Wednesday, December 14, 2011

New Crab Species Discovered

Scientists have just discovered a new species of crab 50 miles off the coast of the Nicoya Peninsula, where Tamarindo is located. I do not have a photo of the new crab, so I am using this photo of a local crab to illustrate this discovery, in part because of the key role of the new crab's front claw, which is also prominent in the photo of this crab.

The new species of crab was discovered living 1,000 meters deep in the ocean, near vents that release hydrogen sulfide and methane gas into the ocean floor. Using these gasses, the crabs cultivate bacteria to grow on their front claw, then they have an appendage that lets the eat the bacteria from their claw.

The new species has been named kiwa puravida. Pura Vida is the national slogan of Costa Rica. It means "pure life" and is used much like Hawaiians use "aloha." The new crab is only the second type of yeti crab species ever discovered, following the 2005 discovery of the other type of yeti crab west of Easter Island in 2005.

The discovery of kiwa puravida was made through the cooperative studies of scientists from the University of South Carolina, University of Oregon, and New Zealand National Institute of Water and Atmospheric Research. This collaboration is an example of how Costa Rica attracts biologists from all over the world because of its unique and diverse land and marine ecology and its support for the environment.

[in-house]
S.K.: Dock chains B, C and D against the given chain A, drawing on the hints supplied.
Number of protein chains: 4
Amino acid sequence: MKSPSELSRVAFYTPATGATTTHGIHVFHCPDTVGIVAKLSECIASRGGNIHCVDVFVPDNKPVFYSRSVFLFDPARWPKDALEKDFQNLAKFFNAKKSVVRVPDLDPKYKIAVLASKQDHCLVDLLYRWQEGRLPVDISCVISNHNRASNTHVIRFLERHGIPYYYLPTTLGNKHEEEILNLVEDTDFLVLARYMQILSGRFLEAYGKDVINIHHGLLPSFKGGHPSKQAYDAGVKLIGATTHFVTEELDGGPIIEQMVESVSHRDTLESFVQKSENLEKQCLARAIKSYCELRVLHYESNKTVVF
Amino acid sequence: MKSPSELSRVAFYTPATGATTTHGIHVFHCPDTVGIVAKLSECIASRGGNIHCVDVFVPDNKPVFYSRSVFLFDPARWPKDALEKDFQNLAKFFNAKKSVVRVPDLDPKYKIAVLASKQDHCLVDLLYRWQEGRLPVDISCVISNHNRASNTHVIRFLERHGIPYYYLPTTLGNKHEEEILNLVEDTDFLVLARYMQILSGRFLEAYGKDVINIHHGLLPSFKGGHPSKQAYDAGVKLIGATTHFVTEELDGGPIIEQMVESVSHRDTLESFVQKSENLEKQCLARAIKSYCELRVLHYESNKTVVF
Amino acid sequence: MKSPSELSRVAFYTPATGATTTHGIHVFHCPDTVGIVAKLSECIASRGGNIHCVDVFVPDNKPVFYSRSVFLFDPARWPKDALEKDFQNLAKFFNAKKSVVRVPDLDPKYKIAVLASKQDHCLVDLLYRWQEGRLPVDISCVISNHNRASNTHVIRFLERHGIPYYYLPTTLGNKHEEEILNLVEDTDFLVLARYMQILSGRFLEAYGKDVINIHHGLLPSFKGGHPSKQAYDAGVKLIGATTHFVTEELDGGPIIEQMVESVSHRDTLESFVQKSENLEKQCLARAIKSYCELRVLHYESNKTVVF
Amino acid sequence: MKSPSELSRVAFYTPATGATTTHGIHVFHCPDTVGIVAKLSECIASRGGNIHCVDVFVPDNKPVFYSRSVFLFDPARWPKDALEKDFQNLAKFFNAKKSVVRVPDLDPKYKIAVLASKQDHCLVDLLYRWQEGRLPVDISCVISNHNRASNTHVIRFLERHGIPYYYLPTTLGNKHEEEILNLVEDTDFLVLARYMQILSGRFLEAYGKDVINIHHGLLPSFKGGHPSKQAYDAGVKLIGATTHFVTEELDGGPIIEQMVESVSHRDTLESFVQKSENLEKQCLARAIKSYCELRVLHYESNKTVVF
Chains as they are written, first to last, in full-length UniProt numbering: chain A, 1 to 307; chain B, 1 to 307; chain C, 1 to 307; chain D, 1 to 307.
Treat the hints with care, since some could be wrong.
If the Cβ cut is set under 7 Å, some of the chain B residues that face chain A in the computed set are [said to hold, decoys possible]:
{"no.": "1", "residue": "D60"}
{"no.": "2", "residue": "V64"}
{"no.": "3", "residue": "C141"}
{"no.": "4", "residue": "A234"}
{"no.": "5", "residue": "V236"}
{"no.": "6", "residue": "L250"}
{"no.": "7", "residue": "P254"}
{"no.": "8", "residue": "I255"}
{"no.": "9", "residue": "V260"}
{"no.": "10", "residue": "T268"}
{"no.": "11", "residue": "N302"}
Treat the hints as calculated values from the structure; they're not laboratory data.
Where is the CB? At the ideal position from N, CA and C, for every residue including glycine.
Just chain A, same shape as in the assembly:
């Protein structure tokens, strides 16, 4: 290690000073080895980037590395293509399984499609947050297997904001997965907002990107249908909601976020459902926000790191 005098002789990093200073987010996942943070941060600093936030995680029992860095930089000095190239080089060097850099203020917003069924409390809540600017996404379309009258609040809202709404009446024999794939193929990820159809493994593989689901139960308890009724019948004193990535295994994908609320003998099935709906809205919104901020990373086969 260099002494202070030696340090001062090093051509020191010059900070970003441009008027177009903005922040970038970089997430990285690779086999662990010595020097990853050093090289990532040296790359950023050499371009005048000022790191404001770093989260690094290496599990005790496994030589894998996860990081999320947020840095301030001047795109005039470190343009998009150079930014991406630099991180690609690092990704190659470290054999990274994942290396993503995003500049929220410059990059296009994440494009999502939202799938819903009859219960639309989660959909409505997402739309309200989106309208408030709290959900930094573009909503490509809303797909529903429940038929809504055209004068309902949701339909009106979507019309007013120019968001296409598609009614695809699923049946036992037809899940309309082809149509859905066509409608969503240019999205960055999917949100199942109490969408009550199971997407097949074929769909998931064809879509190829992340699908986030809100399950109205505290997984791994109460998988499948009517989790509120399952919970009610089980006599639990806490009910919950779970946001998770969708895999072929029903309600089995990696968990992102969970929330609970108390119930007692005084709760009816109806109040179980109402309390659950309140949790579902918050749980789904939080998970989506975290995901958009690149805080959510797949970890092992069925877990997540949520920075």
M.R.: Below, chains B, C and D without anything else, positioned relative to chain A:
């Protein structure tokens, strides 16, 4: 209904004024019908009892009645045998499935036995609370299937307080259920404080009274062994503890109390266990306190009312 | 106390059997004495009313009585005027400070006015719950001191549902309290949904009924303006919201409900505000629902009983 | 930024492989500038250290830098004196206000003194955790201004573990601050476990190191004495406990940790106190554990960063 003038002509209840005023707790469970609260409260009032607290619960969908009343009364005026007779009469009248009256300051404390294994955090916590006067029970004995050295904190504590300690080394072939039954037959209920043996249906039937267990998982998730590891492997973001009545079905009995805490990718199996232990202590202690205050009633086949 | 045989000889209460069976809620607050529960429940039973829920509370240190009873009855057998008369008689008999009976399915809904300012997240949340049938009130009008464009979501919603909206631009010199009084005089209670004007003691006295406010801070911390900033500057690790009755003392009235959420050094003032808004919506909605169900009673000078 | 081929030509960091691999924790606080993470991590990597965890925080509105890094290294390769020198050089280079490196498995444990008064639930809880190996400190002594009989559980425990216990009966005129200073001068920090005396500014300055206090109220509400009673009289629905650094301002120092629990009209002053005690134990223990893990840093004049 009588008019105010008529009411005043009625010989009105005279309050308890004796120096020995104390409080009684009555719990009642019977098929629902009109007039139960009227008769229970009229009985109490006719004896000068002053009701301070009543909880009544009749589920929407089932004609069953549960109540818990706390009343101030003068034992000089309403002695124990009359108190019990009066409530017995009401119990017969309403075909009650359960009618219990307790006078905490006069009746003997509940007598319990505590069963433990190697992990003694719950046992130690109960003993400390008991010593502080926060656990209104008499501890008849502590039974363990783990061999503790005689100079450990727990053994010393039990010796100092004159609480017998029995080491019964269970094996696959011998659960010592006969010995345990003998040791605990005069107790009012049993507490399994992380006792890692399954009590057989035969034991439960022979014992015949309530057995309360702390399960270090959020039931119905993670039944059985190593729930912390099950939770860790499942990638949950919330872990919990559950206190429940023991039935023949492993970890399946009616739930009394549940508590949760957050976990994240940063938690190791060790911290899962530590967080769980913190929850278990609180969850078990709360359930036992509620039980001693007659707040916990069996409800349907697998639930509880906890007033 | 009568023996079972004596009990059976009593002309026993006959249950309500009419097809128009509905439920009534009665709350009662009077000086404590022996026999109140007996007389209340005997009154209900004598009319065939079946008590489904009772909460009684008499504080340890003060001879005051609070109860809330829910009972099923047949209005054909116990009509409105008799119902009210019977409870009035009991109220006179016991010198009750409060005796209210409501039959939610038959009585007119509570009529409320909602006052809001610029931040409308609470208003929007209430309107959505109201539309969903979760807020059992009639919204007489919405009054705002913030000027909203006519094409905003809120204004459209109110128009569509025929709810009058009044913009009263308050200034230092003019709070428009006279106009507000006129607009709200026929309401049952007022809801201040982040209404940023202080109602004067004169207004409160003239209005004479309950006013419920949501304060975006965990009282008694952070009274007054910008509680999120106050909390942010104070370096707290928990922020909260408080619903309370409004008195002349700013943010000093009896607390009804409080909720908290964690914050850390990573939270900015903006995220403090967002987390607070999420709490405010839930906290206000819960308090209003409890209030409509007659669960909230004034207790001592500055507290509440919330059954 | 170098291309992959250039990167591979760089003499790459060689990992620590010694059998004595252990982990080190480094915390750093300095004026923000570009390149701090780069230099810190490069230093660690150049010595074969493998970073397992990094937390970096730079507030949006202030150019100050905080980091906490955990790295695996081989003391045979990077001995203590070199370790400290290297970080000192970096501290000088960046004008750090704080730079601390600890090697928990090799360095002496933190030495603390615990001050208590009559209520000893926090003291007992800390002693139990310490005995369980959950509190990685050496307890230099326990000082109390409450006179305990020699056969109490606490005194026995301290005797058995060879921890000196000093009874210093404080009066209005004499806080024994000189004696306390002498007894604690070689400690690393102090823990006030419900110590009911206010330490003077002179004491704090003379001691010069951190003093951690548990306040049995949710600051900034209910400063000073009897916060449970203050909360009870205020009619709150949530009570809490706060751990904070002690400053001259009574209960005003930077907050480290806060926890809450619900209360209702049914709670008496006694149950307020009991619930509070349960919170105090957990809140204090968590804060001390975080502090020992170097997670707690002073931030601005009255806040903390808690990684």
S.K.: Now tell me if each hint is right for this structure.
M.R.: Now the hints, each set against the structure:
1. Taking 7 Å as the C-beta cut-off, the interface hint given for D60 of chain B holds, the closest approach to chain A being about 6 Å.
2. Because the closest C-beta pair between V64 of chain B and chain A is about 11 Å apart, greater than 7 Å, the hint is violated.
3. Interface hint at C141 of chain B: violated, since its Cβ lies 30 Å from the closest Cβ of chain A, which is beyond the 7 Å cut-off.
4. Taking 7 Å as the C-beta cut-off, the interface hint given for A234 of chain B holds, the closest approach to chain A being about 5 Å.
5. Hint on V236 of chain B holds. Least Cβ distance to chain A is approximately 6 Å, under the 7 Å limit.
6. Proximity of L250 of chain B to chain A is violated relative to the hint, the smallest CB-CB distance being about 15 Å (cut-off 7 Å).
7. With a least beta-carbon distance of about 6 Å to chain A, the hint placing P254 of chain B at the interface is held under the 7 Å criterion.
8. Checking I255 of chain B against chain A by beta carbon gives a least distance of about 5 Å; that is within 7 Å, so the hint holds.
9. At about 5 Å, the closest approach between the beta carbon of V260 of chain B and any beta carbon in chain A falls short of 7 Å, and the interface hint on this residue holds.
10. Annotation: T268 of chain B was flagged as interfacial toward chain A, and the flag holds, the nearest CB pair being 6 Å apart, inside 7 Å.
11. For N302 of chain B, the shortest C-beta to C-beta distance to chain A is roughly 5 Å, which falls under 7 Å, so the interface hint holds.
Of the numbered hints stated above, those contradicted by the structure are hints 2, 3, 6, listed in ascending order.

My niece is getting her Ph.D. in marine biology at the University of California at Santa Barbara. She has made made discoveries and published scientific research papers regarding sea urchins. She has also studied sea turtles around the world. I know she will help make the world a better place in the future.

This week we have photos of the fall colors of Cape Breton Island, Nova Scotia on our Viva la Voyage travel photo site.


Sharon said...

Very interesting information today. I love it.

PerthDailyPhoto said...

They really are fascinating little creatures, it's so exciting when they make new discoveries like this. Who know what else is down there!

Jarart said...

It always amazes me that we have so much to learn about our own planet!

Jack said...

Like Jarart, I am surprised that discoveries like this are still being made.

Kate said...

This is a pretty fascinating discovery. I think it's terrific, and I also admire your niece and her work.

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